What Color-Coding the Books in My Office Taught Me About Life

Illustration for article titled What Color-Coding the Books in My Office Taught Me About Life
Photo: Damon Young


I tried real hard, though, to find life-lessons there. An edict, perhaps. An ancient mystery, finally solved, maybe. A clue, even, that would begin to unlock an ecosystem of interconnected riddles. A tomb opened. A catacomb unleashed. A reverie discovered. “One cannot step twice in the same river,” the great Heraclitus said when noticing how wet his shins were. Is this bookshelf my river? The books my water? What do you do with a wet book?

I glanced out my office window, searching for an answer, a solution, a meaning, a purpose; but instead found a Rite-Aid parking lot. There are cars there. Some empty. Some not. Carl Sagan once noted about emptiness that in all our searching, the only thing we’ve found that makes the emptiness bearable is each other.” He always reminded me of soup.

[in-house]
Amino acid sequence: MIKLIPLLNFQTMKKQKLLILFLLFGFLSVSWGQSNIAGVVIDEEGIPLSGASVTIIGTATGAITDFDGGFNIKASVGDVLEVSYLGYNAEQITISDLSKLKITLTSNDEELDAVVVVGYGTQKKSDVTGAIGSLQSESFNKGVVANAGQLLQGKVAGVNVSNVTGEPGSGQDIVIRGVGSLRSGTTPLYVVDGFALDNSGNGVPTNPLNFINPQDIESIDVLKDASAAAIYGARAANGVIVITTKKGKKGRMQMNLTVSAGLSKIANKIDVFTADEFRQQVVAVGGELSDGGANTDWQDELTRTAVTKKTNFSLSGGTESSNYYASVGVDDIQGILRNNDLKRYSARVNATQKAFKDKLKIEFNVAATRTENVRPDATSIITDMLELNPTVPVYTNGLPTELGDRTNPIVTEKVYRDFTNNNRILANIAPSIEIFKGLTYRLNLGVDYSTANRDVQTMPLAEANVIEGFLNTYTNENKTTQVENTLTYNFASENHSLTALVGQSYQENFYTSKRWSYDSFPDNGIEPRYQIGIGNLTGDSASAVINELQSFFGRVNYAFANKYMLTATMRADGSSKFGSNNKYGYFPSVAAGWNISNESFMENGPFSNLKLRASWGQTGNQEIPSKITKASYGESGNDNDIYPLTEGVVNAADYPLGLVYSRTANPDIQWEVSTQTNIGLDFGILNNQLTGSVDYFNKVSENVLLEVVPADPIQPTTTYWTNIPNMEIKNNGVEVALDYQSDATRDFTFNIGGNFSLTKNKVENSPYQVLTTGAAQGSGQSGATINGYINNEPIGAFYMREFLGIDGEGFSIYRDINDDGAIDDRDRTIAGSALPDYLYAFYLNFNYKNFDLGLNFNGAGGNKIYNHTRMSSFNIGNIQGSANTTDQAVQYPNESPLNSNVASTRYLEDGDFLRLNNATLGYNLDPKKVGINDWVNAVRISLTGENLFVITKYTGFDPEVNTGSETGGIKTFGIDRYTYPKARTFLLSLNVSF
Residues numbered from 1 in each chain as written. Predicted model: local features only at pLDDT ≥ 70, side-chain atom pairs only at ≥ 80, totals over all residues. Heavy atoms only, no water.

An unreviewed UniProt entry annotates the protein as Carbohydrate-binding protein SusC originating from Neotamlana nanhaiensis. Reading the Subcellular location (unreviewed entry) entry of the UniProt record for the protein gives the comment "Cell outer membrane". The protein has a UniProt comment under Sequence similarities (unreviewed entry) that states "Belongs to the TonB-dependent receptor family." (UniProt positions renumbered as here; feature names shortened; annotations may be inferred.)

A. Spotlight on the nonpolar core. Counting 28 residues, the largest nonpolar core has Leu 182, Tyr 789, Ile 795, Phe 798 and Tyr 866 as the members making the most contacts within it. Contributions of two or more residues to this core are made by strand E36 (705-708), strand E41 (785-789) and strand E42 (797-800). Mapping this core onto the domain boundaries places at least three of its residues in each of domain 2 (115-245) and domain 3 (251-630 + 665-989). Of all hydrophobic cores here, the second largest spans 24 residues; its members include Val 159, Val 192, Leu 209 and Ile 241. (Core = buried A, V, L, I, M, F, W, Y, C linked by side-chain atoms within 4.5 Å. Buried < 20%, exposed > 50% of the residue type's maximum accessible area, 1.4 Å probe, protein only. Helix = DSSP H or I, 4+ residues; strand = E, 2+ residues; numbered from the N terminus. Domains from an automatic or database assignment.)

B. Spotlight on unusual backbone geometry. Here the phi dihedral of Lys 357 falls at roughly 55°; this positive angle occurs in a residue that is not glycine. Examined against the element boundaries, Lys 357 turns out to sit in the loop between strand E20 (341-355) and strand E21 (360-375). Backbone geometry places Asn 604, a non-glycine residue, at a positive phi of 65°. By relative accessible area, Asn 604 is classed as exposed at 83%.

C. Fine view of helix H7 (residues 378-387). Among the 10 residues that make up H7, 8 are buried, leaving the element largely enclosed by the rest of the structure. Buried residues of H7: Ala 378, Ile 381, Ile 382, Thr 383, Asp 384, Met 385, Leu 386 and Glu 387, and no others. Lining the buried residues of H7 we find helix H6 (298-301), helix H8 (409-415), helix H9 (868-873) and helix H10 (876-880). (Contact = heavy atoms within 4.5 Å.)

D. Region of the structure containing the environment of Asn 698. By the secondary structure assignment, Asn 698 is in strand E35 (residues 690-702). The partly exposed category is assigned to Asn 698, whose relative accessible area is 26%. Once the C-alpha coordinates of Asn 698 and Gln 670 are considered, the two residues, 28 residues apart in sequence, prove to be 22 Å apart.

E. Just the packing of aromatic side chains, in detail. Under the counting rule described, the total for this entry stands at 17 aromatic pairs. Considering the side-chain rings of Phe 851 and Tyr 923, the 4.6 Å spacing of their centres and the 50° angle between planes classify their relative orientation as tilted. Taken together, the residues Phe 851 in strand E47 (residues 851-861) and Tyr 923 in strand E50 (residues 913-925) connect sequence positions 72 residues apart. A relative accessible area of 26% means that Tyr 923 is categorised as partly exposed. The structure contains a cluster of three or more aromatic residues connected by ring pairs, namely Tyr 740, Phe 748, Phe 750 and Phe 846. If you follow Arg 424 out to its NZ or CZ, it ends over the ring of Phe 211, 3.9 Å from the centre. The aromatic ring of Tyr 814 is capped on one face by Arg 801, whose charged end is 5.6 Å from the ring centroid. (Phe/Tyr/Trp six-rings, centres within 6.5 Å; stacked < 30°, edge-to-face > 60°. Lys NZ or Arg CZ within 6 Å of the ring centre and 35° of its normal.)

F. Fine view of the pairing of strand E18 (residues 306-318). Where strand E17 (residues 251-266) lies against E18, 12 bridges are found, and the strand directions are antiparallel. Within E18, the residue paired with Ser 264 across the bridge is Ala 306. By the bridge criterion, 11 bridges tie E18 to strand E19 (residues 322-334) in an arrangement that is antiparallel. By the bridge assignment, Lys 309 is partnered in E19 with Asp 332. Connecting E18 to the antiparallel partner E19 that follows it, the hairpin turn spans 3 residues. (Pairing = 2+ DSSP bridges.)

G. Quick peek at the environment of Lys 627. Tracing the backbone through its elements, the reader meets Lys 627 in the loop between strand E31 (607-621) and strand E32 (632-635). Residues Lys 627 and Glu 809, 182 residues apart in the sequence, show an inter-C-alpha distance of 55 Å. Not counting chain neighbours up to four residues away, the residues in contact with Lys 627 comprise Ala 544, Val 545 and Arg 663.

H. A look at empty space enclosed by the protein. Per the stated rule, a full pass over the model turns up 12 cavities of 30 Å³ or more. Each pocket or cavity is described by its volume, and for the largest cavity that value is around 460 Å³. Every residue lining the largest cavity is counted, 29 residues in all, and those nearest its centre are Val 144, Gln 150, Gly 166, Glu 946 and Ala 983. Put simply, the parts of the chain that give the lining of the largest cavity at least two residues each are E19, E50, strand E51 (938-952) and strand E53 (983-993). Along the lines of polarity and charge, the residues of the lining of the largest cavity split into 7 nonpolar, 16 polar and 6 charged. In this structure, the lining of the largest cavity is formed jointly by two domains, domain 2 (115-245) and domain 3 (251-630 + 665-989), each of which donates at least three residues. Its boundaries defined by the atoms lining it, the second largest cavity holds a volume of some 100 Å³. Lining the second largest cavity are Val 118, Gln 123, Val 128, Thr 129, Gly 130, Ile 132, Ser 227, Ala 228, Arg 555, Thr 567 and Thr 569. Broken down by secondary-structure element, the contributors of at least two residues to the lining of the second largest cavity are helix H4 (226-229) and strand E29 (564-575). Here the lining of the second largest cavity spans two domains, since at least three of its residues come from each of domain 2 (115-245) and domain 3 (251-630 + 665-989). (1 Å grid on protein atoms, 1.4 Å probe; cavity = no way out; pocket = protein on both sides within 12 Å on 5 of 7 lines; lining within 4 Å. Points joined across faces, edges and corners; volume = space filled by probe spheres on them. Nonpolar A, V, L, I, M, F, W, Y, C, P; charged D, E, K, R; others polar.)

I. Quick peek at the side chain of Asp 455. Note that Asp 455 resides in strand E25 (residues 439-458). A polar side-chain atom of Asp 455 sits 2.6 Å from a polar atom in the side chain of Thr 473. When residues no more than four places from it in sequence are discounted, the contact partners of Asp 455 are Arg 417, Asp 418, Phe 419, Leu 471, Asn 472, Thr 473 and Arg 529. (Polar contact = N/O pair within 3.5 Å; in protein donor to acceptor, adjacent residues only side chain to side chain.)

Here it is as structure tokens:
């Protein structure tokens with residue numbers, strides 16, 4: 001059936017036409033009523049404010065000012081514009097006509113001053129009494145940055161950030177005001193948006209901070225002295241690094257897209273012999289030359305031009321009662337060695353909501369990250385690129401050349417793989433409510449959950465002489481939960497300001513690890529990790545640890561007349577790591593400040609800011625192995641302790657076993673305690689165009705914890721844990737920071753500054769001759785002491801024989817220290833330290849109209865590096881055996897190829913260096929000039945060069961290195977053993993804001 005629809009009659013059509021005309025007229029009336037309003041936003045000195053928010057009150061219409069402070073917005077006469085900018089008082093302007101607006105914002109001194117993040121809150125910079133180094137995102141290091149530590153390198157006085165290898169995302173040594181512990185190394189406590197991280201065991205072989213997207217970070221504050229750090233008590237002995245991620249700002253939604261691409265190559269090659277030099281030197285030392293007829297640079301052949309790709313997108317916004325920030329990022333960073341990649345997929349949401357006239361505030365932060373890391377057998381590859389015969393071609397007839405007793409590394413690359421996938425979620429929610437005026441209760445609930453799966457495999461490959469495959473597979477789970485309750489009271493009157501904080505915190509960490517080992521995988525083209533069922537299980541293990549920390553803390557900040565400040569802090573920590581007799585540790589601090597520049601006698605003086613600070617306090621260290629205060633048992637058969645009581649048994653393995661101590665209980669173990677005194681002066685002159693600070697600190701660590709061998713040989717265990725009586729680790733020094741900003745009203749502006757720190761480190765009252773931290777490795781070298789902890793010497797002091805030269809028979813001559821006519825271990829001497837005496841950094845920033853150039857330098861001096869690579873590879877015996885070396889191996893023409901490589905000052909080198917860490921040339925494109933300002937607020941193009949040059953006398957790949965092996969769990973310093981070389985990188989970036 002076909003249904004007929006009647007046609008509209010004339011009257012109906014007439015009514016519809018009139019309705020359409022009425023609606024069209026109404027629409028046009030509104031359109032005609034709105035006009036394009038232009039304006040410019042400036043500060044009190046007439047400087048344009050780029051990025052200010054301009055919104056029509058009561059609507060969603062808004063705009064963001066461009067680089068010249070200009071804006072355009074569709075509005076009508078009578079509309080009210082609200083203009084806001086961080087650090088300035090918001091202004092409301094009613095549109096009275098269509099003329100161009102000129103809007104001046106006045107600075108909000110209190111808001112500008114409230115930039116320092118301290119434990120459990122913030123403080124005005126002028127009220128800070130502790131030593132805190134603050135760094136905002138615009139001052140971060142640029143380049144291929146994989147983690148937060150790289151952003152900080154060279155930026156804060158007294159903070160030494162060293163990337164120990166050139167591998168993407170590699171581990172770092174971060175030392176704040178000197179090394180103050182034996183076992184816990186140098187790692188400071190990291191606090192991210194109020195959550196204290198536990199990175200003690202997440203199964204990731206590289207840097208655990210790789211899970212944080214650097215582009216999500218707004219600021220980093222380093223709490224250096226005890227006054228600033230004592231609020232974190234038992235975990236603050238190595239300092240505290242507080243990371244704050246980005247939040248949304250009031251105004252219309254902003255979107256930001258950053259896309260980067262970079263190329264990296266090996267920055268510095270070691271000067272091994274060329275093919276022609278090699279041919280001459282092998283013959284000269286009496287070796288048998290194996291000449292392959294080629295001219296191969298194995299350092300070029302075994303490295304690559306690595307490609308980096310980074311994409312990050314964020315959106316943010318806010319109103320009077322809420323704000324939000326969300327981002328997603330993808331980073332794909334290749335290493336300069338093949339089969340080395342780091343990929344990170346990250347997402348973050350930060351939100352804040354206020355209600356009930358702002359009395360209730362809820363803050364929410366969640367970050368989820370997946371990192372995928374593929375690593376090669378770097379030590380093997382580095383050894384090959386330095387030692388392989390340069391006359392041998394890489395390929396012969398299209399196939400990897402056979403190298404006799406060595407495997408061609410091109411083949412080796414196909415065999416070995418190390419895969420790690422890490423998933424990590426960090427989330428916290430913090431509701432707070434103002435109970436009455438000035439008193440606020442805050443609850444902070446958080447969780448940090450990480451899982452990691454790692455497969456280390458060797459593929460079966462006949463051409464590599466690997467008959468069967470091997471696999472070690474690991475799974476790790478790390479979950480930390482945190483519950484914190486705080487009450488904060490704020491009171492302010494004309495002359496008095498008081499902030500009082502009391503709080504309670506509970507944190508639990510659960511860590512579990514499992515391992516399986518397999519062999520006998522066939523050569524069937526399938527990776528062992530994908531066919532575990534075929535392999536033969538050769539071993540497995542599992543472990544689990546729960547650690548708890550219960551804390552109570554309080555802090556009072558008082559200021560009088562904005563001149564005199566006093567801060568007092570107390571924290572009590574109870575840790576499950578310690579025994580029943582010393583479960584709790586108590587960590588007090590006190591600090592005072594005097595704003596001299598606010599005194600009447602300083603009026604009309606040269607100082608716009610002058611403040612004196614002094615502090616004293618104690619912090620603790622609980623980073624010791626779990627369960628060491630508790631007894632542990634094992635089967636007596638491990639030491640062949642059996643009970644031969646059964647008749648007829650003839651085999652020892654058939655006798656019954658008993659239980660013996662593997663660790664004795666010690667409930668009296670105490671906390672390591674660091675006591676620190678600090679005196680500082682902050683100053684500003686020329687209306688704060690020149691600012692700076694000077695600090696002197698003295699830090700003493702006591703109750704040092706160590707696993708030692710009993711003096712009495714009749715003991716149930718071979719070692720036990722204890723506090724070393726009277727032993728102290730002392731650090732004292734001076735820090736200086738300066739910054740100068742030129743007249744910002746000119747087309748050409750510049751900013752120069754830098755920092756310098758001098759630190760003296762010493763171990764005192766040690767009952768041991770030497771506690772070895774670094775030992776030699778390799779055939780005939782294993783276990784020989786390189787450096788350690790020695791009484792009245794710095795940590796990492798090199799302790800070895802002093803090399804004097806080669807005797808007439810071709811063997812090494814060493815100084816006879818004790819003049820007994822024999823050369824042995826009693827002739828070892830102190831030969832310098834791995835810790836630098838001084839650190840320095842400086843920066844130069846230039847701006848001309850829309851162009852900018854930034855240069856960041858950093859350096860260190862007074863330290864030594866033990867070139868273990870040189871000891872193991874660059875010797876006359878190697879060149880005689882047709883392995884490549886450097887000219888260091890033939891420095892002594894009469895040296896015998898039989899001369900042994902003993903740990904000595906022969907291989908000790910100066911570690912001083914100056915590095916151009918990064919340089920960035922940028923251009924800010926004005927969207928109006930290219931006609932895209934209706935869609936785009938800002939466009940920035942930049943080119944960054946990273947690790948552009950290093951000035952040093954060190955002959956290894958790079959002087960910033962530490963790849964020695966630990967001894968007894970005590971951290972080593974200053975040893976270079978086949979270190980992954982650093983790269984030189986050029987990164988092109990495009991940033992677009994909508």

Who do you call when the phones are jammed?” It’s a question I keep coming back to. Especially now since my phone has call-waiting. And I’m reminded of what Adriana Lima said, years ago, about jelly. “When I get older, I don’t think I’ll like to have wrinkles, or a big jelly belly. I cannot have it.” Age is a grift.


But yeah. No life-lessons. I just think it looks pretty.

Damon Young is the editor-in-chief of VSB, a contributing opinion writer for The New York Times, and the author of What Doesn't Kill You Makes You Blacker (Ecco/HarperCollins)

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E=MC Hammered

I did this a couple years ago and was surprised at how quickly I began to associate individual books with their colors. I figured it’d take me a while to remember which section each title was in, but it wasn’t difficult at all.